The American Treasure Tour blog could easily spend months talking about all of the actors and actresses whose head shots are on display in our Music Room. Today, we would like to discuss a special and extremely talented artist named Lena Horne. Hopefully her name is familiar to all of you but, in case it is not, she was born in 1917, and passed away in 2010. Her accomplishments are pretty exceptional.
Born into an affluent family, Horne's ancestry included European, American Indian, and African descendants. In the United States, that means she was regarded as African American, which was tragically regarded as a social stigma for her. Her talent, convictions and physical beauty all helped her attain exceptional heights in her career. Starting in her late-teens as a member of a chorus line at Harlem's Cotton Club, Horne soon became an actor and, in 1942, the first African-American actor to be offered a long-term contract with a major film studio - Metro-Goldwyn-Mayer. She made movies through the 1950s, but became disillusioned with the system and returned to the stage. She sang and danced, while also becoming very active in the Civil Rights Movement of the 1960s, even attending the March on Washington in 1963. Horne's Broadway and singing careers led to her winning numerous awards, and she has been missed since her passing five years ago.
QUESTION: In 1951, Lena Horne was hopeful to be cast in the film Showboat. Who did she lose out to?
A) Rita Hayworth
B) Ava Gardner
C) Judy Garland
D) Victor Mature
LET THE RACE BEGIN. Any lover of fast cars has heard of the Indianapolis Speedway, known also as the Brickyard. It may seem like the Speedway has been around forever but, in fact, the first automobile race to ever occur there was on this day in 1909. Fifteen different car makers brought their finest vehicles to the track to race it out. One of the favorite drivers of the day, Louis Chevrolet, was temporarily blinded by flying debris from the track and, in fact, there were enough problems with the quality of the road surface that few racers reached the finish line and the AAA considered cancelling the next day's races for safety purposes. Instead, the roads were repaired and speed records were broken left and right.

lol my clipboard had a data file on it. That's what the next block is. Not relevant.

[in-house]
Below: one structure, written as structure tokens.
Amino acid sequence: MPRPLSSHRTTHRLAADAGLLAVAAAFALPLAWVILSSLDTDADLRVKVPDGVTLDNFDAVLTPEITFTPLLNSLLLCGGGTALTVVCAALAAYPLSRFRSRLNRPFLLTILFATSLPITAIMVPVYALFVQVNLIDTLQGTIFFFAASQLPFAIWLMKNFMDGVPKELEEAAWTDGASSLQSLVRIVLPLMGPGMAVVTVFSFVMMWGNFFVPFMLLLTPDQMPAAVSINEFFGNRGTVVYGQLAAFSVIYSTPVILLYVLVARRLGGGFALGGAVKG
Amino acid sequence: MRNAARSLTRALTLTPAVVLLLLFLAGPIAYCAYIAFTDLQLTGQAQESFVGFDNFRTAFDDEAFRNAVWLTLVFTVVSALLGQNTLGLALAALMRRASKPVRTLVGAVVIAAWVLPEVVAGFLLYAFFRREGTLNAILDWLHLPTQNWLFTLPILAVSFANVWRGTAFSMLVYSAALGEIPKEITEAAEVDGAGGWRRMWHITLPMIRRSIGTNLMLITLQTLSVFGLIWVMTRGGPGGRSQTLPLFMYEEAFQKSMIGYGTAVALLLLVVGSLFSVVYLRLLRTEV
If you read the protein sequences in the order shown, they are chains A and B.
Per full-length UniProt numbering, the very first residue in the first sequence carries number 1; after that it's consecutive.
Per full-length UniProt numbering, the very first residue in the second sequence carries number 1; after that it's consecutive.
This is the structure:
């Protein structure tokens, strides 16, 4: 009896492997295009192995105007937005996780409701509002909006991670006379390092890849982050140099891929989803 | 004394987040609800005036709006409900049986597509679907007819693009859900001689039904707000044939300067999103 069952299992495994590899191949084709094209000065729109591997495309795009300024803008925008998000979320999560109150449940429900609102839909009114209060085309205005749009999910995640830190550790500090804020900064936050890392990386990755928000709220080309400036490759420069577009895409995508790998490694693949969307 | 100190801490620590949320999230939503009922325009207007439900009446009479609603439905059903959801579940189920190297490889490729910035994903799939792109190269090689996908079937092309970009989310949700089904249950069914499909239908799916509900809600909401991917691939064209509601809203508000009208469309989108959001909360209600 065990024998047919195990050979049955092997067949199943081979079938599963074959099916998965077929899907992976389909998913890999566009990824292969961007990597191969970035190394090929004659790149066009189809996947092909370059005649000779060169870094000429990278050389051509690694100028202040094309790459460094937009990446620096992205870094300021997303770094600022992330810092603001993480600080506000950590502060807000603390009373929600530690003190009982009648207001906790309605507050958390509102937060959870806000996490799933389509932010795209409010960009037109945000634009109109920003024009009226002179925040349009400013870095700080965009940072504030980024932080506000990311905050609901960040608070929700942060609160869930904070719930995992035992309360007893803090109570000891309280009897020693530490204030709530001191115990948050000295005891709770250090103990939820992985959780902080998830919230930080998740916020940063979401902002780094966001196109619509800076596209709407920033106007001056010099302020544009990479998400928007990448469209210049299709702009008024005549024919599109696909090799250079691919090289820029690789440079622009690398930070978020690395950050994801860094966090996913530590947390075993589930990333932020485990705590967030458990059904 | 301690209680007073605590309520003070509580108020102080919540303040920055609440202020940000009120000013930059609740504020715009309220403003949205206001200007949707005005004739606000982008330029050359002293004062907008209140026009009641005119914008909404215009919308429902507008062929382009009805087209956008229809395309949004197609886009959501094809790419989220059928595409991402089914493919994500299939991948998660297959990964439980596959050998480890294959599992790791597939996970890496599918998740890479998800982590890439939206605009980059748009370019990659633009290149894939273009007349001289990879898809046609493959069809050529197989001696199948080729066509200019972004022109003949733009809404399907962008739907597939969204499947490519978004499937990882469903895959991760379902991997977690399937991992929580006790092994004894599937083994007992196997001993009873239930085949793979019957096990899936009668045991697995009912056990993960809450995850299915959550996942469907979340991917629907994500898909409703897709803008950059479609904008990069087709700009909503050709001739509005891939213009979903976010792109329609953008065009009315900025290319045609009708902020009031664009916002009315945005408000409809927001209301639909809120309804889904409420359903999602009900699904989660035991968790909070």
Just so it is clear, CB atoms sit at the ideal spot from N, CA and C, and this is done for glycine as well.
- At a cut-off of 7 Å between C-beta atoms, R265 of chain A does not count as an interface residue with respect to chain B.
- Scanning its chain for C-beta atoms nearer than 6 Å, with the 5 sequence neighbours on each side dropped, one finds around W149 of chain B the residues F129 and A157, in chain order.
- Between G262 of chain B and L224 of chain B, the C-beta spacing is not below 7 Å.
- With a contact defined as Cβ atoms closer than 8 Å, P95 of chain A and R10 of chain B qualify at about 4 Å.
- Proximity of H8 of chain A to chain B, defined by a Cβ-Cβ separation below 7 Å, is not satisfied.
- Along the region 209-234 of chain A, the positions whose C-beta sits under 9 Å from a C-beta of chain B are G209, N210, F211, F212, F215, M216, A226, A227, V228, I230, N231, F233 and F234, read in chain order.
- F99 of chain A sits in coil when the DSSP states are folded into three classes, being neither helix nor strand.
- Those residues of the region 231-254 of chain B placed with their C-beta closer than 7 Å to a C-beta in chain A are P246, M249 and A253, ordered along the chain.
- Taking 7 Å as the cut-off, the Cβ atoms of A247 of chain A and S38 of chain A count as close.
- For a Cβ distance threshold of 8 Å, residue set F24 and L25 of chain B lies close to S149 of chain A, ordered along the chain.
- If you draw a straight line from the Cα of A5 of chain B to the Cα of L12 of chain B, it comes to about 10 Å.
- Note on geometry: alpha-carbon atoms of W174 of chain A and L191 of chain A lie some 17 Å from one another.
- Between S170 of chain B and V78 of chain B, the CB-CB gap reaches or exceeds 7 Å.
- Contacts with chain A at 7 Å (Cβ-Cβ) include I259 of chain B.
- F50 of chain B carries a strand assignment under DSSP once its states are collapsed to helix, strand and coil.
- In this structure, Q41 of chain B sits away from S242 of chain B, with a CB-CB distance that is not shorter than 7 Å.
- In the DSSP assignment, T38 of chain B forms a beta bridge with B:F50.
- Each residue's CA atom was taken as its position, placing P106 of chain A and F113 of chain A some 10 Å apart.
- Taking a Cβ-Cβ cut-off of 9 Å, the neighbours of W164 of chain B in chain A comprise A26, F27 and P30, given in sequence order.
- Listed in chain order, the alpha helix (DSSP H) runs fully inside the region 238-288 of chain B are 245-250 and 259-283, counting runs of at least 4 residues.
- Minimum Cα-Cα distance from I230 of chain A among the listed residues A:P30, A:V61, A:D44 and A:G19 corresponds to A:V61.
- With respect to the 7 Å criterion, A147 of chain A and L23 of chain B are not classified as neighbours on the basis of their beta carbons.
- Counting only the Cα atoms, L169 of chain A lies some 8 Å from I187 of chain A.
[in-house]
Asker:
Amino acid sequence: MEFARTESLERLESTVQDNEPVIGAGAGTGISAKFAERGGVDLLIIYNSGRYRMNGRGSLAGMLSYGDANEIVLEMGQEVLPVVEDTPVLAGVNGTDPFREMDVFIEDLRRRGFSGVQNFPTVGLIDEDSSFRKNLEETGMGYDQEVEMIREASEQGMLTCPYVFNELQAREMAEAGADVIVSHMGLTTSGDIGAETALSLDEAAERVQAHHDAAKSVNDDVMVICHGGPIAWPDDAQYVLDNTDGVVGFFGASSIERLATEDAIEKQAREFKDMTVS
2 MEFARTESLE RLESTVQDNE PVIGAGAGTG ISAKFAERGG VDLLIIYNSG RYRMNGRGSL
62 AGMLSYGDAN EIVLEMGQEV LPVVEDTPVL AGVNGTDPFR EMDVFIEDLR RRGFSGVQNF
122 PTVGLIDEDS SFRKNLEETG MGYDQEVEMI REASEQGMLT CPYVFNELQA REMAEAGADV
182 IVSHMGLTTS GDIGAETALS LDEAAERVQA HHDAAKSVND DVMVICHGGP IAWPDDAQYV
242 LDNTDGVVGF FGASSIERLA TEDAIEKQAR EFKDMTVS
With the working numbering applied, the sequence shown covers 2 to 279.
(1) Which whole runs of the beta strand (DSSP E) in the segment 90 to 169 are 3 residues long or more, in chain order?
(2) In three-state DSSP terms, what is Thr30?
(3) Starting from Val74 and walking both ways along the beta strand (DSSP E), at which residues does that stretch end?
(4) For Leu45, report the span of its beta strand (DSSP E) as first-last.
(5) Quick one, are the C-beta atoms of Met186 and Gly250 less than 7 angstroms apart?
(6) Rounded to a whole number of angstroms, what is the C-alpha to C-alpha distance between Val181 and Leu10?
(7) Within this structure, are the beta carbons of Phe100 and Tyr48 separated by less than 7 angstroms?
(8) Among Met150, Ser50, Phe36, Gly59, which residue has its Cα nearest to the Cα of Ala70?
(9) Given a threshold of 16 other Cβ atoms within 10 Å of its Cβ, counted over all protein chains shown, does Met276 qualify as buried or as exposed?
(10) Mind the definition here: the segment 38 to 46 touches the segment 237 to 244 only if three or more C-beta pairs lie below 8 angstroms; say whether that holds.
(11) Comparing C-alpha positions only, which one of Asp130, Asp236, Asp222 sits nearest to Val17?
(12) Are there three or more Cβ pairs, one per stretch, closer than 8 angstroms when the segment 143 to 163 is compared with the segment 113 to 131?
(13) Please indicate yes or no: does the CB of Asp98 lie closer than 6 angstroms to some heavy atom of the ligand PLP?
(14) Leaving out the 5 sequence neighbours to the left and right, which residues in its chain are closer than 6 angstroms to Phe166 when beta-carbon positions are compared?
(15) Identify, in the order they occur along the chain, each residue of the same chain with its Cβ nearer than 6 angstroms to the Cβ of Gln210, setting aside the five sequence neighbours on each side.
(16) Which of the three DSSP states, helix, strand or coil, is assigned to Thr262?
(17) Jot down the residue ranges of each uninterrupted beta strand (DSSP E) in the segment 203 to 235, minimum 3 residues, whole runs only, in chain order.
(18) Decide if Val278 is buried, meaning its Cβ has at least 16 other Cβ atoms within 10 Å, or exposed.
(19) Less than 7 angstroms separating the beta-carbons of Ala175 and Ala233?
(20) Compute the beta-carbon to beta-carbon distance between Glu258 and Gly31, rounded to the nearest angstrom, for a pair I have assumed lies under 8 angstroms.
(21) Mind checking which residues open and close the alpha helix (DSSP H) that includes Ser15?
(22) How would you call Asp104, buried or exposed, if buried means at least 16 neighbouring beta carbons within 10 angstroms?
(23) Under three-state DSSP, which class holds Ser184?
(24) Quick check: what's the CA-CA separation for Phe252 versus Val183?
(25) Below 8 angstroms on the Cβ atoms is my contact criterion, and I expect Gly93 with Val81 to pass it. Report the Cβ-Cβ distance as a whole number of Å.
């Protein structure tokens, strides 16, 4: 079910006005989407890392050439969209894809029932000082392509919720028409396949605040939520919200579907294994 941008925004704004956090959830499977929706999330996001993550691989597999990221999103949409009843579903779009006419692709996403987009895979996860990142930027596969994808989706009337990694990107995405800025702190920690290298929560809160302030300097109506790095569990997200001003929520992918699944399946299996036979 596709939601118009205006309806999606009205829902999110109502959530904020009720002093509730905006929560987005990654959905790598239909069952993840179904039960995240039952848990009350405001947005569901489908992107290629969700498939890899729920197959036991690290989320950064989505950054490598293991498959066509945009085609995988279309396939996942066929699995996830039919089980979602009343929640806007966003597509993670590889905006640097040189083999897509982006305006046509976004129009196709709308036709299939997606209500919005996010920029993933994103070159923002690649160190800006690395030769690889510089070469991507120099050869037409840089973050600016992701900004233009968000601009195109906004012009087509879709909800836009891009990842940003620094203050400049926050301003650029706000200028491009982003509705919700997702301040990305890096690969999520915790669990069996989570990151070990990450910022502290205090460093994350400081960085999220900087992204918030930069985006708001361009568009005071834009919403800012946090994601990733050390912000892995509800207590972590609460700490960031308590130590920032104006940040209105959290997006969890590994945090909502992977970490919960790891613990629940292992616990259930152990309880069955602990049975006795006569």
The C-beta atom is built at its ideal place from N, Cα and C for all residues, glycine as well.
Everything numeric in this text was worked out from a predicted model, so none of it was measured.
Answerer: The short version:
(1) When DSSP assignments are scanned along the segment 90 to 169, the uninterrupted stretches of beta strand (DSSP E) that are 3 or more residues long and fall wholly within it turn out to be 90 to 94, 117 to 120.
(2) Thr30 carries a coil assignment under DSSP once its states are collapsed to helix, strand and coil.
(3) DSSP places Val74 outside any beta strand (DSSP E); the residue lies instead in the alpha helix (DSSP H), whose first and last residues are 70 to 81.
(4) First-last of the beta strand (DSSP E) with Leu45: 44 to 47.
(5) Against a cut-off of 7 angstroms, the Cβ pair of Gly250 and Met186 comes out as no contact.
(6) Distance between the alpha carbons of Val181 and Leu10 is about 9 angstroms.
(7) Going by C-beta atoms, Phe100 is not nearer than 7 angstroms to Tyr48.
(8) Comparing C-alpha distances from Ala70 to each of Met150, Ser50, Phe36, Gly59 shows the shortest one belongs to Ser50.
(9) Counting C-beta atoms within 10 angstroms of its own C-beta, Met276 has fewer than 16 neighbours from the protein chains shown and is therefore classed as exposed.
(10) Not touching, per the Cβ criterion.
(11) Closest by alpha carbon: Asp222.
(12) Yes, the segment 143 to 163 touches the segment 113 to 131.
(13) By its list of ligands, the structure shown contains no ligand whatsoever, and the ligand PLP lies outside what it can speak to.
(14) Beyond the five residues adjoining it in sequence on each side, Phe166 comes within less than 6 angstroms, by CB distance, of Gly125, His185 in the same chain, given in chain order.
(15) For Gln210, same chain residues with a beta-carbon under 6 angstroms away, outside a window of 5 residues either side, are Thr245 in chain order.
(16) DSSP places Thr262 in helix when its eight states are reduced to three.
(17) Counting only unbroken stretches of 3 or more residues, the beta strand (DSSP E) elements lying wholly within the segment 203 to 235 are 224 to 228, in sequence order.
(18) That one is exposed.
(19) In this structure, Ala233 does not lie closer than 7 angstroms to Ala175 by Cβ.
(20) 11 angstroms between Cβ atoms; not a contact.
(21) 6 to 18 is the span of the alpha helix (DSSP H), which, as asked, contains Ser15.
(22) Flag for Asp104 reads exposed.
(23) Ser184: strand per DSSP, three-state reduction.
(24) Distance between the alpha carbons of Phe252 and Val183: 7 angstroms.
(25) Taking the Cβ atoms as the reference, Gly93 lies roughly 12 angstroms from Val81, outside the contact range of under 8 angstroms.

FLYING HIGH! You may never have heard of Archie League, but today is his birthday. Born in 1907, he got caught up in an obsession with airplanes early in his life, barnstorming and showboating wherever he could, before he was hired on by an airfield in St. Louis to become the nation's first air traffic controller. Using racing flags in the early days to communicate to pilots on the runway, League moved up in the world to become the director of the FAA's Air Traffic Service for a number of years. A little-known but essential person!
QUOTE: Always be smarter than the people who hire you. - Lena Horne
ANSWER: B) Ava Gardner.